As West Ham United bid to make their capacity the largest in London and the second biggest in the Premier League, it’s time to talk about London Stadium.

Whether members of the Claret & Blue Army like it or not, football is far from the only sport played all year round at the Stratford venue.

During international breaks we have Gallagher Premiership rugby and in the summer we have had everything from motor racing to athletics including the World Cup of the latter.

Not to mention non-sporting events such as blockbuster concerts and conventions.

The latest adage to that list, as many of us will have noticed in the last couple of weeks, has been baseball.

For the first time ever an MLB match was played in the United Kingdom and it was the big one, the New York Yankees vs the Boston Red Sox with the former winning both matches in front of nearly 60,000 spectators on both occasions.

This time next year the Chicago Cubs and St. Louis Cardinals will take to London Stadium in the second year of the MLB London series.

The arena was also considered for the 2019 Cricket World Cup and will surely host the sport in the future.

Plus, following the success of baseball in east London, it could only be a matter of time before Major League Football is played at a third different London site in London Stadium, after Wembley and the Tottenham Hotspur Stadium.

The international exposure that these events give the London 2012 Olympic Stadium and more importantly, the Hammers is huge and it will work wonders for the club in the global market.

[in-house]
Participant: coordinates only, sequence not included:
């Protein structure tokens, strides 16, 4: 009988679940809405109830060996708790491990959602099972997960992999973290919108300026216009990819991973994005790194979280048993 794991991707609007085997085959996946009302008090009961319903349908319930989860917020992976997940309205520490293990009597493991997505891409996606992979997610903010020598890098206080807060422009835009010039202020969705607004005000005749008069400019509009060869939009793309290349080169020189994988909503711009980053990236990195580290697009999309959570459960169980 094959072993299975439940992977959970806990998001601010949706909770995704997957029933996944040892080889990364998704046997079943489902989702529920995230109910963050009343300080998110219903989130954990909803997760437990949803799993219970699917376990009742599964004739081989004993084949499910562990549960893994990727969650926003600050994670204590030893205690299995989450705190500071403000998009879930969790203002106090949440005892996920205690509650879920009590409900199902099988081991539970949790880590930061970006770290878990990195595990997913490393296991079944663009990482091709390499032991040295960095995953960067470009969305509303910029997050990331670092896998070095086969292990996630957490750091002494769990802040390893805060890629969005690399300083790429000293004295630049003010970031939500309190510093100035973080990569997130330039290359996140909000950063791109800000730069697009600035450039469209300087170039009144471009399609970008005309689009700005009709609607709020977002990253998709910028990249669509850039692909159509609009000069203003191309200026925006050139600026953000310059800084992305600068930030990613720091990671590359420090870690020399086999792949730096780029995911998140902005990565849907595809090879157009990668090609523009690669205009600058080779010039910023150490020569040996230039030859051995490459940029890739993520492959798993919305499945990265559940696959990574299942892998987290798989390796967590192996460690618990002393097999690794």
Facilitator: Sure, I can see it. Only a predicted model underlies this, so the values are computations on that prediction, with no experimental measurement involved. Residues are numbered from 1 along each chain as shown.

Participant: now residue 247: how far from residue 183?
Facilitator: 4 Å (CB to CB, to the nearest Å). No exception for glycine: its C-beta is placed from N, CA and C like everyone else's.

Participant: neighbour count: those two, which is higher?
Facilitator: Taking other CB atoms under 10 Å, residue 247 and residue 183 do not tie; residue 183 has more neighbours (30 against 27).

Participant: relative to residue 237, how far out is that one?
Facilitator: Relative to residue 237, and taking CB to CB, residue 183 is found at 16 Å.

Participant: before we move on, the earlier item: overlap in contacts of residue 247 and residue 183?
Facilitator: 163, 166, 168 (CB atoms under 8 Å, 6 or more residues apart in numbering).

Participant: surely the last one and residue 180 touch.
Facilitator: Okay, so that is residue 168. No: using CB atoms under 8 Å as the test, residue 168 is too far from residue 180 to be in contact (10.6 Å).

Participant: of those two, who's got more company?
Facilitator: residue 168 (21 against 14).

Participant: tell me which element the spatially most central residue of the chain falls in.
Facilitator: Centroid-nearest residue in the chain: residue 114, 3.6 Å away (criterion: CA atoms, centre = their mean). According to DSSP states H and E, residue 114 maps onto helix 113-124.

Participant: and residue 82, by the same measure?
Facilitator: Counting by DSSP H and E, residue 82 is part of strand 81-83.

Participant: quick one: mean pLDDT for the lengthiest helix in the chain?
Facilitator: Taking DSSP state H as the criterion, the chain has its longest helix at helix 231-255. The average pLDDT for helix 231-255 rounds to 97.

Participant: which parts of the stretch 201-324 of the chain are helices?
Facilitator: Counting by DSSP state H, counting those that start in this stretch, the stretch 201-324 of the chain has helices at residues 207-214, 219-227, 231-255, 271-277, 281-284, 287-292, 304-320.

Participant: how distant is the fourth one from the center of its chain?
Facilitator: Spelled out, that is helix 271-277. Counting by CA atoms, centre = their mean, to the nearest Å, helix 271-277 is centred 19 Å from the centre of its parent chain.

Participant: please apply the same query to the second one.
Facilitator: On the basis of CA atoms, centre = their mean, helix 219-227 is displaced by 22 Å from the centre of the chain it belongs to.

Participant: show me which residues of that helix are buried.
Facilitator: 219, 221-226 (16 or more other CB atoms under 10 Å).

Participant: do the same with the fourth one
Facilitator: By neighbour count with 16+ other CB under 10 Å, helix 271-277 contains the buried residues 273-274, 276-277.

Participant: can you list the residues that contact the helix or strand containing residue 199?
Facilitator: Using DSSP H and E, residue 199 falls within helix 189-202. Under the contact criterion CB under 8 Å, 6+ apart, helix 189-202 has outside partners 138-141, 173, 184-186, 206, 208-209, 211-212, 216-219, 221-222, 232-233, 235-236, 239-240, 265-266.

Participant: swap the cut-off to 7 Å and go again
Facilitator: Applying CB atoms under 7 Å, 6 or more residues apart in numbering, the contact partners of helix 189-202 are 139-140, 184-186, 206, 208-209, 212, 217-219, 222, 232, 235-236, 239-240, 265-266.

It’s going to be the factor the bolsters West Ham’s finances the most moving forward for the following reasons.

It’s important to remember that the club doesn’t own London Stadium and only signed an agreement for a 99-year lease.

This means that there is no direct financial gain from events that are non-West Ham related taking place at the venue, things such as shares of ticket revenue going solely to the stadium’s landlords.

However, just think about it, every year the stadium looks more like the home of West Ham United and every new year brings more possibilities about new events from different countries that the versatile stadium could hold. All without compromising its primary use – football.

Apart from the odd boxing bout and international friendly, the Boleyn Ground would barely host anything other than West Ham matches.

And even had it wanted to, it was too small and not suitable enough in reality, leaving a void in the international exposure it could bring from other events.

Now, we’re talking about fans here and I know new fans aren’t necessarily always the best thing in terms of stadium atmosphere and all that jazz.

But most of the overall atmosphere in any West Ham ground has always come from the singing sections and are these so-called football tourists really going to start infiltrating those?

How do we know new fans are going to be attracted because of these events? Well, just look at the great collaboration work the club is doing with these new teams from different sports from all over the world.

More fans and more global support equates to much more money through various means which include new investors. And that all boils down to better football on the pitch.

This is because that money can be invested in new and better players who can bring both a better brand and quality of football to east London.

We should all learn to embrace London Stadium for this reason and everything that happens in it that isn’t specifically to do with the club. It all comes back to help us in the end.